- The Washington Times - Wednesday, November 19, 2008


The legislative director of the AFL-CIO said he is certain that organized labor’s top priority — a law that would make it much easier for unions to organize businesses both large and small—will pass Congress and be signed by President-elect Barack Obama.

“I have no doubt it will pass and will be signed,” William Samuel told reporters and editors of The Washington Times. He was referring to the Employee Free Choice Act (EFCA), which would give workers the right to join a union as soon as a majority of them signed cards requesting union representation.

In a wide-ranging interview yesterday, Mr. Samuel also said that the more than $300 million spent by labor unions to elect primarily Democrats to Congress and Sen. Obama to the White House was crucial to the Democrats’ success in many key battleground states such as Ohio and Michigan.

The AFL-CIO, which is a federation of 56 labor unions, will keep its electoral organization in place in many of the 21 states in which it operated in 2008 and use it — and its 250,000 volunteers — to serve as a grassroots lobbying network to pressure Congress, Mr. Samuel said.

The AFL-CIO’s agenda includes not just card-check but also a substantial economic-stimulus bill, expanded family and medical leave and paid sick leave.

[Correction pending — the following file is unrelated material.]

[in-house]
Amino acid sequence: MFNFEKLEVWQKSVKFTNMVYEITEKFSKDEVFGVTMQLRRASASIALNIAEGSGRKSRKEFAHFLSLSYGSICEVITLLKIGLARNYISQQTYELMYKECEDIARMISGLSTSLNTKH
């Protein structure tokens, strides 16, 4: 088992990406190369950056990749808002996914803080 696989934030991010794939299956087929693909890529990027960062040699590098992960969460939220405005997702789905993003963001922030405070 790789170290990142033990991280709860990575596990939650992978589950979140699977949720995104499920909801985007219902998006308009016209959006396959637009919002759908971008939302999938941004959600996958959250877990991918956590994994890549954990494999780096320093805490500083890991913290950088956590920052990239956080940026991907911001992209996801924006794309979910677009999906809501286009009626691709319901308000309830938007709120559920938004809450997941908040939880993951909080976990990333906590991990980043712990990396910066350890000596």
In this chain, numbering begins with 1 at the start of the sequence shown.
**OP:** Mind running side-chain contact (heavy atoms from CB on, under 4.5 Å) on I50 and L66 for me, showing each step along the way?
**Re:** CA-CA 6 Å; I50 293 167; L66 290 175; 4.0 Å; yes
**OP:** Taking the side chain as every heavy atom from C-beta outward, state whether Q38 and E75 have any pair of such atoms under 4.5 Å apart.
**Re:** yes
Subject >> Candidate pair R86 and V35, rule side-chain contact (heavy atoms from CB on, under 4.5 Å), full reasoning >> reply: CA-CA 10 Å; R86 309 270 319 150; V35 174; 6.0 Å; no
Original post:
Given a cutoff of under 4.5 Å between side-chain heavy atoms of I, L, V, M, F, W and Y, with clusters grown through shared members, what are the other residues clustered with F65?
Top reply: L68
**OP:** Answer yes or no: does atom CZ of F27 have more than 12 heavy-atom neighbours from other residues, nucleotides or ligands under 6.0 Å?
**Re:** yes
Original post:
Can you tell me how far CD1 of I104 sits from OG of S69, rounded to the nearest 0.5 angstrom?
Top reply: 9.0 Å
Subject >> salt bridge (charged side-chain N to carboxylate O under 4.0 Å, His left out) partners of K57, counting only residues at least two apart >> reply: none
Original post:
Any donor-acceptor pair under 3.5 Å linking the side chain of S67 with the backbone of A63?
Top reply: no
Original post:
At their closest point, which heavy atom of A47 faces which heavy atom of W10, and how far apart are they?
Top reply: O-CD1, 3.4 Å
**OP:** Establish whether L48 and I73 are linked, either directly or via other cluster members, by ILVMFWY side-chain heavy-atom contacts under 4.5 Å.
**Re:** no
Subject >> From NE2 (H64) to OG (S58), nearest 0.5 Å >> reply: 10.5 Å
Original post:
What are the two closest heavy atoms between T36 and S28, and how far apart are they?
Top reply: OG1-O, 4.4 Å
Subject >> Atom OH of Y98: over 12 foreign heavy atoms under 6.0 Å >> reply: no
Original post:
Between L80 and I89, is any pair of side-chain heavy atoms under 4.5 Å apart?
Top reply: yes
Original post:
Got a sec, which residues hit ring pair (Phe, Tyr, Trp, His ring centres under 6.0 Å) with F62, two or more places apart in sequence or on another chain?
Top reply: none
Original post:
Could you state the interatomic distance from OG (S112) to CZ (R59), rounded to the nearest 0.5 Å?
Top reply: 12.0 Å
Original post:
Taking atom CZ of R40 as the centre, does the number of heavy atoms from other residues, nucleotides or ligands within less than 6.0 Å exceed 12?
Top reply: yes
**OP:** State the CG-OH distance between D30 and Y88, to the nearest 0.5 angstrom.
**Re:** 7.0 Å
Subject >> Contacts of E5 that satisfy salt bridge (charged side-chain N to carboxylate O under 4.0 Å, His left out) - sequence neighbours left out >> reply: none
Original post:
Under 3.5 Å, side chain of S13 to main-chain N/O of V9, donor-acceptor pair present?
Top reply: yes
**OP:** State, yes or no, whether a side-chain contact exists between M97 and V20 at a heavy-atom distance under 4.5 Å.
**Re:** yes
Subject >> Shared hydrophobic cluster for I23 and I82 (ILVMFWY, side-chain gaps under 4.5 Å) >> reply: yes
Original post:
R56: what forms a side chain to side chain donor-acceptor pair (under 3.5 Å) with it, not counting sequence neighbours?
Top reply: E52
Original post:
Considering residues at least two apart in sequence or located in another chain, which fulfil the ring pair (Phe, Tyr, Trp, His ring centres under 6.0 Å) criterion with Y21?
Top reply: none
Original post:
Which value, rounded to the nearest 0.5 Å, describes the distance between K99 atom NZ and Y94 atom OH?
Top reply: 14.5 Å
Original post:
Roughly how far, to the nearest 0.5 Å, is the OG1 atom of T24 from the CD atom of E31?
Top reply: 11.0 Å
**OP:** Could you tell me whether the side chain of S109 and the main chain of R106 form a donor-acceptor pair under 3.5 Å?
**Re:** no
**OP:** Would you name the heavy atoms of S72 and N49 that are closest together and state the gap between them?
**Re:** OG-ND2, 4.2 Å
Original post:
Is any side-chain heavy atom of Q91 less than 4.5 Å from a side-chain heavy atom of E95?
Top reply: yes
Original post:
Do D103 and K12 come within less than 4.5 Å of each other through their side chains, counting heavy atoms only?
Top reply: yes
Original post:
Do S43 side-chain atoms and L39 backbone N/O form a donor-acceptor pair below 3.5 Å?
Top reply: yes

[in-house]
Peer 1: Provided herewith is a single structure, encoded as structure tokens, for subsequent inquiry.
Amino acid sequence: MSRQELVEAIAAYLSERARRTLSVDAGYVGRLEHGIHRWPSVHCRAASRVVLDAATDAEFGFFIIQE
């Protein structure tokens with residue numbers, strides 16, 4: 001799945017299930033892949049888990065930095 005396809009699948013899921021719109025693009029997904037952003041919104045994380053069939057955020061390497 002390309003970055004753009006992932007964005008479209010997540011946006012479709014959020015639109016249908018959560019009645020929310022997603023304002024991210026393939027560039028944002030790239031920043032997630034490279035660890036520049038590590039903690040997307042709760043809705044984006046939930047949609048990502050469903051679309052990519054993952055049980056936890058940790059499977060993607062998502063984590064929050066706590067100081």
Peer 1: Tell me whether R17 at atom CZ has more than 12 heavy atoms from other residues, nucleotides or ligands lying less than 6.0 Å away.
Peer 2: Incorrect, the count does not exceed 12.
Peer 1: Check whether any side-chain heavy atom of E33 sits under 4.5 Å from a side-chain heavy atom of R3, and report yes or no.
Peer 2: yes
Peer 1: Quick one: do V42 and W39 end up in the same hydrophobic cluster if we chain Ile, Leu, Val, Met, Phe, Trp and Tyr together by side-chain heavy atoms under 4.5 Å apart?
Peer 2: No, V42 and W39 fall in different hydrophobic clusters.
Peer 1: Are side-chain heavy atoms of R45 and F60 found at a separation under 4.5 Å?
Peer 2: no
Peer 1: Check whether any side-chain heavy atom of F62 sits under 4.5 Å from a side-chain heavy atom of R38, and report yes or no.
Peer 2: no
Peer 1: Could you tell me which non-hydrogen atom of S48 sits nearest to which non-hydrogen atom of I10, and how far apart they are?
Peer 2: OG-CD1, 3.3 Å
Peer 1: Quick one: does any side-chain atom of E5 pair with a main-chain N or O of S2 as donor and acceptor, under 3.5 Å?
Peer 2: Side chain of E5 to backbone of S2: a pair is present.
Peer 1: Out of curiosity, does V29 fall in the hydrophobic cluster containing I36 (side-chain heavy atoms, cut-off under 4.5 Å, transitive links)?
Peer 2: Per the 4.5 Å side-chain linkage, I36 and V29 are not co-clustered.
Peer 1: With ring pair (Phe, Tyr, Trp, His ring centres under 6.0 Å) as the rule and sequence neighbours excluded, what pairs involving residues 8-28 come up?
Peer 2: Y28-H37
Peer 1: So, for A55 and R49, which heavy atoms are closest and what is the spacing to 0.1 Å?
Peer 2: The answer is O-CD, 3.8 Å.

In addition, Thea Lee, policy director for the AFL-CIO, said the organization favors looking into implementing a “transaction tax” on all financial transactions. This small fee, she said, could finance an insurance fund.

Mr. Samuel expressed concern about the nation’s stagnating wages. He said the card-check legislation would help reverse this trend.

“Workers haven’t recovered from the previous recession,” he said. The card-check bill is “integral to fixing the economy. If we are going to have a consumer-led recovery, workers are going to have to earn more.

“Restoring the right to bargain is the key to fixing the economy,” Mr. Samuel said. “We’ve spoken to the president [Mr. Obama],” Mr. Samuel said, “and we think he sees it the same way.”

Currently, only 7.5 percent of the private-sector workforce are union members, roughly a third of labor’s proportion 25 years ago. But Mr. Samuel cited polling data showing that 54 percent of non-union workers said they would join a union if they could.

“That translates into 60 million potential new members,” Mr. Samuel said.

A reasonable goal if the card check legislation becomes law, he added, would be to return union membership to the 35 percent portion of the labor force that it enjoyed during the 1950s.

Business organizations strongly oppose card-check legislation and have made clear in post-election forums that they would continue to vigorously oppose it. “This is not the time and certainly not the issue to build a relationship,” National Association of Manufacturers President John Engler said the day after the election. “Destruction of the secret ballot,”Mr. Engler said, “is not a positive thing.”

Under current law, whenever 30 percent of employees in a workplace sign union-authorization cards, employers have the right to demand a secret-ballot election. Under provisions of the unions’ preferred method — also known as card-check — that right would be revoked.

The card-check bill should be included in “the first tranche of legislation” Congress considers, Mr. Samuel said.